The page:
A very good and caring friend recently mentioned she had attended a seminar entitled Imagine No Racism, sponsored by the United Methodist Church in the Buffalo, NY area. I checked it out on-line and what I discovered was no surprise. For example, there is a list of desired qualities of prospective “team” members: Do you have a passion for racial justice and equity? Are you open to change and willing to grow in your knowledge and awareness of racial injustice and white privilege? Do you have some knowledge already of racism and/or white privilege? There is a mention that “Racism is a disease that infects the hearts, minds, souls and bodies of individuals, churches and communities. Our Social Principles state, ‘Racism is the combination of the power to dominate by one race over other races and a value system that assumes that the dominant race is innately superior to others.’” All utterly predictable non-sense, of course. Below is an e-mail I sent this person, which was well received by her.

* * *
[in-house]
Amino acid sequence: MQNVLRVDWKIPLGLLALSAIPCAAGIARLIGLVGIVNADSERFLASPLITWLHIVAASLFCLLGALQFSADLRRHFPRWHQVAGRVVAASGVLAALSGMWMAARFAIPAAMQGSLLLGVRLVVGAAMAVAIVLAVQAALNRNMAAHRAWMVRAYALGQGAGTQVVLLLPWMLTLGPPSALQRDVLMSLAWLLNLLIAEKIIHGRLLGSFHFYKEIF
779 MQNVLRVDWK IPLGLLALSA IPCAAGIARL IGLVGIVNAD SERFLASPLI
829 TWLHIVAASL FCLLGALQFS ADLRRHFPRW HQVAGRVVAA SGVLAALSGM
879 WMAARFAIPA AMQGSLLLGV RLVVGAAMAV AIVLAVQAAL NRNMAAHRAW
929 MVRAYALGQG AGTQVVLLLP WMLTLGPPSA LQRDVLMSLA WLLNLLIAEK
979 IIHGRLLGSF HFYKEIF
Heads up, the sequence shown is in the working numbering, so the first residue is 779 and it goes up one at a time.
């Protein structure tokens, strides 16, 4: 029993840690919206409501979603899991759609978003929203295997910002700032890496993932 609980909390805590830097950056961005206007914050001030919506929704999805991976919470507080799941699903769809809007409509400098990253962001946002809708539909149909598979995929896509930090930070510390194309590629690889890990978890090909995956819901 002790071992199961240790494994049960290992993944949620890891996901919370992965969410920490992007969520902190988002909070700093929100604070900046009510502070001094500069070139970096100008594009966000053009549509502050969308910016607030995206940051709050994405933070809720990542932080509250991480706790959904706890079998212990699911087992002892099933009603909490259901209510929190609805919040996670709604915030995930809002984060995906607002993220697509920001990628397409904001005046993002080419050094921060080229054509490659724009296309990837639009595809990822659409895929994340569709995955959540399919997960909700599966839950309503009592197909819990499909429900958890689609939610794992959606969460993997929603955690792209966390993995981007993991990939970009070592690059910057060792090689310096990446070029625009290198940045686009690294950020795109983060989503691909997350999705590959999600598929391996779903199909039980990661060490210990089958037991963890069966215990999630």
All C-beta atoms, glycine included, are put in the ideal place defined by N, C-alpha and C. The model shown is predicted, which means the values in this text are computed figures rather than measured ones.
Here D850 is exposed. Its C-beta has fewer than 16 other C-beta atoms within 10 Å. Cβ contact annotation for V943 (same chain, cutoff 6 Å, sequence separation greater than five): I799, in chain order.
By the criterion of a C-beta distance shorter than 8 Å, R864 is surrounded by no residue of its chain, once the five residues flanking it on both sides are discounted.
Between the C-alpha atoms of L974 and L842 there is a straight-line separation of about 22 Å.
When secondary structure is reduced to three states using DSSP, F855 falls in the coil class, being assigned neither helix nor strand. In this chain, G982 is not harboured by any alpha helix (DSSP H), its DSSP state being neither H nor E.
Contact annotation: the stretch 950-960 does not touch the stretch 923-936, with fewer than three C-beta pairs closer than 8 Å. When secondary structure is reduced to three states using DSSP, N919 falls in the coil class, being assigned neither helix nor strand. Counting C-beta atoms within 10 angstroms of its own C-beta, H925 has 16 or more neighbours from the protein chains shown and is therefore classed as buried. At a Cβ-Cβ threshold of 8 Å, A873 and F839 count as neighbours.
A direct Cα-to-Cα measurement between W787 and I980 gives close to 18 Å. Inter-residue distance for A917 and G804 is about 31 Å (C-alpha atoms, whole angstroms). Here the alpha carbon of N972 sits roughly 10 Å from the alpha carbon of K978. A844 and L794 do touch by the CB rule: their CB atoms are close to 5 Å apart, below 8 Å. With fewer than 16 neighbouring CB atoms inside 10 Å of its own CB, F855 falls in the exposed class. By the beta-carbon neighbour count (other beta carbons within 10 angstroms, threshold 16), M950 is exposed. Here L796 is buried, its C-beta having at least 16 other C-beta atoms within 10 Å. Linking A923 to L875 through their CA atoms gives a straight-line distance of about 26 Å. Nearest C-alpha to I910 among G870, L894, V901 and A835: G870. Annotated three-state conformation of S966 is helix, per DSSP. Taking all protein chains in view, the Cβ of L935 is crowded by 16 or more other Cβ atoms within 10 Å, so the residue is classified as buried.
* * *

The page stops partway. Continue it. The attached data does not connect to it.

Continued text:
Note the person referred to as “Nelson (name changed)” is a gentleman from Kenya who I first knew when he was a teenager when I was a volunteer medical director of a clinic in his remote village in the early 2000s. In Dec. 2018 my wife and I were able to bring him to the US on a non-immigrant visa to attend college; he has subsequently earned a 4.0 GPA!
I’m intrigued by the seminar you mentioned, “Imagine No Racism;” I went to the website for it. I think you know I can be pretty scathing when it comes to religious and societal matters, and this has both! Perhaps you could share the following story at your next session.
You haven’t met him but I think you know who Nelson is. In 2017 I traveled with him and my son throughout very (VERY) remote eastern Uganda. When Nelson returned to Kenya he entered what is called the Land of the Luos (any major tribal area may be referred to as the “Land of…”). Nelson is in fact a Luo but his skin, while a very dark brown, is not the actual black that is typical of the Luos. This was at the time of some tribal conflict, so once he was back in Kenya he kept his mouth shut (Nelson likes adventure and new experiences!) and heard some guys talking about what they should do to him. They assumed he was a Kikuyu or other rival tribe and even considered killing him. At this point he spoke up, in his native Luo language, and said he was as Luo as they were, with an implication they should have been ashamed of themselves, and he continued his travels unmolested. Is that racism- injuring and even killing people not because they are black, but because they are not as black as some others?